Back and Neck Braces
What are back and neck braces?
The use of braces is widely accepted. They are effective tools in the treatment of spine disorders. In fact, more than 99% of orthopedic physicians advocate using them. There are more than 30 types of back supports available for spine disorders. This website will discuss several common types and why they are used.
Why are braces used?
Bracing is used for a variety of reasons such as to: control pain, lessen the chance of further injury, allow healing to take place, compensate for muscle weakness, or prevent or correct a deformity. More specifically, lumbar corsets and braces compress the abdomen, which increases the intra-abdominal pressure. This act allows pressure on the vertebral column to unload, providing some relief.
There are other reasons bracing is used. One is the theory that they insulate the skin, producing increased warmth that decreases the sensation of pain – much like a heating pad. Another reason is that the increase in abdominal pressure produces hydraulic support for the back. Finally, certain types of movement may cause stress to the pain generators in the back. The decrease in range of movement by using bracing may relieve this type of pain.
Who is a good candidate for back and neck braces?
If you are diagnosed with a spinal disorder, deformity, or potential problem that can be helped through the use of external structural support, your physician may recommend the use of a back or neck brace. Braces offer a safe, non-invasive way to prevent future problems or to help you heal from a current condition.
The different types of back and neck braces
Neck braces are used to provide stability of the cervical spine after neck surgery, a trauma to the neck, or as an alternative to surgery. They are probably the type of spinal brace you most commonly see people wearing. There are several types available, including: soft collar and philadelphia collar.
This flexible brace is placed around the neck. It is typically used after a more rigid collar has been worn for the major healing. It is used as a transition to wearing no collar.
This is a more rigid/stiff collar that has a front and back piece that attaches with Velcro on the sides. It is usually worn 24 hours a day until your physician instructs you to remove it. This collar is used for conditions such as: a relatively stable cervical (upper spine) fracture, cervical fusion surgery, or a cervical strain.
Sterno-Occipital Mandibular Immobilization Device (SOMI)
A SOMI is a brace that holds your neck in a straight line that matches up with your spine. It offers rigid support to a damaged neck and prevents the head from moving around. With this brace, you are unable to bend or twist your neck. The restriction of motion helps the muscles and bones to heal from injury or surgery.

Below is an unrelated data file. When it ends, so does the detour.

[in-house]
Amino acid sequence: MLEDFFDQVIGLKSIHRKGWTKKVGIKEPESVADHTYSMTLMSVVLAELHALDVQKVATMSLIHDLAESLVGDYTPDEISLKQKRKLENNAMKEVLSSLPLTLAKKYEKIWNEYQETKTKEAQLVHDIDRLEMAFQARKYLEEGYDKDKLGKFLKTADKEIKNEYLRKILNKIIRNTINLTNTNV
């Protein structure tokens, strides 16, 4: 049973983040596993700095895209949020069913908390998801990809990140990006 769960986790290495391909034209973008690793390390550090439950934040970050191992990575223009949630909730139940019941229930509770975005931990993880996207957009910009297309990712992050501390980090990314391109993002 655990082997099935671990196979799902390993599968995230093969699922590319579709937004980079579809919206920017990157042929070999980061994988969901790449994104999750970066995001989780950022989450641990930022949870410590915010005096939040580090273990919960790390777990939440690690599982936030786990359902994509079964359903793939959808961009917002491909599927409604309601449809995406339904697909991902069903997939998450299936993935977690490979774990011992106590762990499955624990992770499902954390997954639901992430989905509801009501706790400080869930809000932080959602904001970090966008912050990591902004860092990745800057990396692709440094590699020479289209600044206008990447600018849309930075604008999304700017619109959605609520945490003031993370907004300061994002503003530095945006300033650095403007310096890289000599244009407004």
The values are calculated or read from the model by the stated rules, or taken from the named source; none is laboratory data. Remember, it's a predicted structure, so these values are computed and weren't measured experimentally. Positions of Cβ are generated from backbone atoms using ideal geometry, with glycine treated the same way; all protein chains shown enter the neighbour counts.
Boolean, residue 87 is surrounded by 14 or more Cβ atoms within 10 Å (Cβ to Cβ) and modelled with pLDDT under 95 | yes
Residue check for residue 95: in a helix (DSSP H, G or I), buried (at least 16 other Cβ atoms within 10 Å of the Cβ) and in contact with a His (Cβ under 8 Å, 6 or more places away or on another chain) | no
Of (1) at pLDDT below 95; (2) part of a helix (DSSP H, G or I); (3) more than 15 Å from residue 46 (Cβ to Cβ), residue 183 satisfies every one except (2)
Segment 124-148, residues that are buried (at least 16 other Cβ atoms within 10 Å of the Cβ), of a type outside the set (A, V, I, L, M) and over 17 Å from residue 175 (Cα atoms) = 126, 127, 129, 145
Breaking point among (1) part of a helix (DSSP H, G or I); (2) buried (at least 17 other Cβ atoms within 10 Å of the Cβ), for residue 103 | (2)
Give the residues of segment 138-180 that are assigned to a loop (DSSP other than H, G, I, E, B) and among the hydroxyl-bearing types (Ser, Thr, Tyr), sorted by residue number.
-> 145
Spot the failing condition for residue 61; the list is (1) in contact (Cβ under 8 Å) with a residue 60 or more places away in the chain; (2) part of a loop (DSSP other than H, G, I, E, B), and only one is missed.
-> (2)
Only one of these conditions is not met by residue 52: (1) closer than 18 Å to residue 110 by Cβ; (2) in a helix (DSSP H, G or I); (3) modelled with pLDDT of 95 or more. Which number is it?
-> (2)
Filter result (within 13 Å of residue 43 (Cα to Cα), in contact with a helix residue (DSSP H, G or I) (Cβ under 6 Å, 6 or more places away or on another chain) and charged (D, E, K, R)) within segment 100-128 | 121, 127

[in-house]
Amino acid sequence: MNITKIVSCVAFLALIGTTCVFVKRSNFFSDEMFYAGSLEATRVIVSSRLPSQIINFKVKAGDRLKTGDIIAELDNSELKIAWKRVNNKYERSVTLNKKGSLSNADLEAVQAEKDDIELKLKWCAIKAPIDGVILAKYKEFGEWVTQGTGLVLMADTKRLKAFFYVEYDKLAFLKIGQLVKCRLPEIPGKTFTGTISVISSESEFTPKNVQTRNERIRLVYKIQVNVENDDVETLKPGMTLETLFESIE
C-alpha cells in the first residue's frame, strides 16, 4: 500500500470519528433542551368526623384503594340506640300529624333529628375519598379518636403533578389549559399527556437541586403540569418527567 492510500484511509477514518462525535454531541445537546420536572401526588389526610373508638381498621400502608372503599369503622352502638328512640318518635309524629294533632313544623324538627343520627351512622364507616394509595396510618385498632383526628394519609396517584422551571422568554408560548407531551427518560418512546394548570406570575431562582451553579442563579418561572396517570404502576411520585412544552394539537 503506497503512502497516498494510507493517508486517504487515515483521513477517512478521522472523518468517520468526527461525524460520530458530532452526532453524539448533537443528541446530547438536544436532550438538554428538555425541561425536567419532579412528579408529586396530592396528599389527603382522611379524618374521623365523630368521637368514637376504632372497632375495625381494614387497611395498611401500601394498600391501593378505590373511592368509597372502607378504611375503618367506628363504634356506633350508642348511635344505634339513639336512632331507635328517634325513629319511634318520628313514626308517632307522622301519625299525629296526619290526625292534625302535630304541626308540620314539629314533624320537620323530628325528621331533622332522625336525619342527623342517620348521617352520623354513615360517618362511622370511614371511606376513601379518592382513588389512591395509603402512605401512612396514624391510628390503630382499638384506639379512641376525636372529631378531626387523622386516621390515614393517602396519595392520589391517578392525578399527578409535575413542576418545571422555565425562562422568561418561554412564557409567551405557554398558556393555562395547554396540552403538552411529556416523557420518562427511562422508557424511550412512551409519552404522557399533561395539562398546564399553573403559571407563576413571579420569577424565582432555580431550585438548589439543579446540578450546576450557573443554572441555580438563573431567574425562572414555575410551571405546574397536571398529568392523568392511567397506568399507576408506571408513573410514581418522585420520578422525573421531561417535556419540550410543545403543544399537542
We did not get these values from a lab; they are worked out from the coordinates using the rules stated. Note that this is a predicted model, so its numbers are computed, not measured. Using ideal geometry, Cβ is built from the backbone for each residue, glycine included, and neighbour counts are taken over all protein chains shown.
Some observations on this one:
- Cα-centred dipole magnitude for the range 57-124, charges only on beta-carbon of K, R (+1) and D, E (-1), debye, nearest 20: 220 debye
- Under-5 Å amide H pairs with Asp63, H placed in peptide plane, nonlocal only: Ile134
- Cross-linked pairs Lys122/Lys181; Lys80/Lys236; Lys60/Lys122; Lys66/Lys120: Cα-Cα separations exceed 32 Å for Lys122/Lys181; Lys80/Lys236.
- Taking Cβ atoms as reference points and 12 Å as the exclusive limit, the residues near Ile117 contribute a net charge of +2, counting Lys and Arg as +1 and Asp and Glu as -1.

The trochanteric belt is usually prescribed for sacroiliac joint pain or pelvic fractures. The belt fits around the pelvis, between the trochanter (a bony portion below the neck of your thigh bone) and the iliac (pelvis) ridges/crests. It is about five to eight centimeters wide and it buckles in front, just like a regular belt.
Sacroiliac and Lumbosacral Belts
The lumbosacral belt helps to stabilize the lower back. These belts are usually made of heavy cotton reinforced by lightweight stays. The pressure can be adjusted through laces on the side or back of the belt. These belts range in widths between 10 to 15 centimeters, and 20 to 30 centimeters. The sacroiliac belt is used to prevent motion by putting a compressive force on the joints between the hipbone and sacrum (base of the spine).
Corsets provide rigidity and support for the back. Corsets can vary in length. A shorter or longer corset will be prescribed, depending upon your condition. A short corset is typically used for low back pain, while a longer one is used for problems in the mid to lower thoracic spine. Corsets lace up from the back, side, or front. There are metal stays that provide the appropriate rigidity and support for the back.
These braces are typically prescribed for low back pain and instability. If greater rigidity is needed to support the spine than can be found in standard back supports, rigid frame spinal bracing is often prescribed. These are stiff braces. They usually consist of rear uprights that contour to the lumbar (lower) spine and pelvis, along with thoracic bands. There are also fabric straps on the braces that provide pressure in the front. Common types of rigid models are:
This type of brace has no vertical uprights in the middle so that flexion/bending is allowed.
This type immobilizes the lumbar spine in the neutral position. The chair-back is designed to reduce sideways and revolving movement of the lower spine.
Raney Flexion Jacket
This type reduces lumbar lordosis by holding the patient in a neutral tilt.
This brace is designed to prevent excessive bending, and it is often prescribed to treat frontal compression fractures that have occurred around the junction of the thoracic and lumbar spine. The brace can also be used for post surgery healing from a spinal fusion.
These braces offer support that allows anterior (front) pressure unloading of the thoracic vertebrae by restricting flexion (bending) of the thoracic and lumbar spine.
These jackets are designed to distribute pressure widely over a large area. By immobilizing the patient from the neck to the hips, pressure is distributed evenly, taking excess pressure off overloaded or unstable areas. These jackets were originally made of plaster of Paris, but now are typically made out of molded plastic.
These belts are designed to reduce low back strain and muscle fatigue that can occur when you are lifting heavy objects. The belt circles around the waist, covering the lumbar region of the spine, and closes in front. These belts are usually made of cloth or canvas and do not have stays. Some models also have lordosis pads.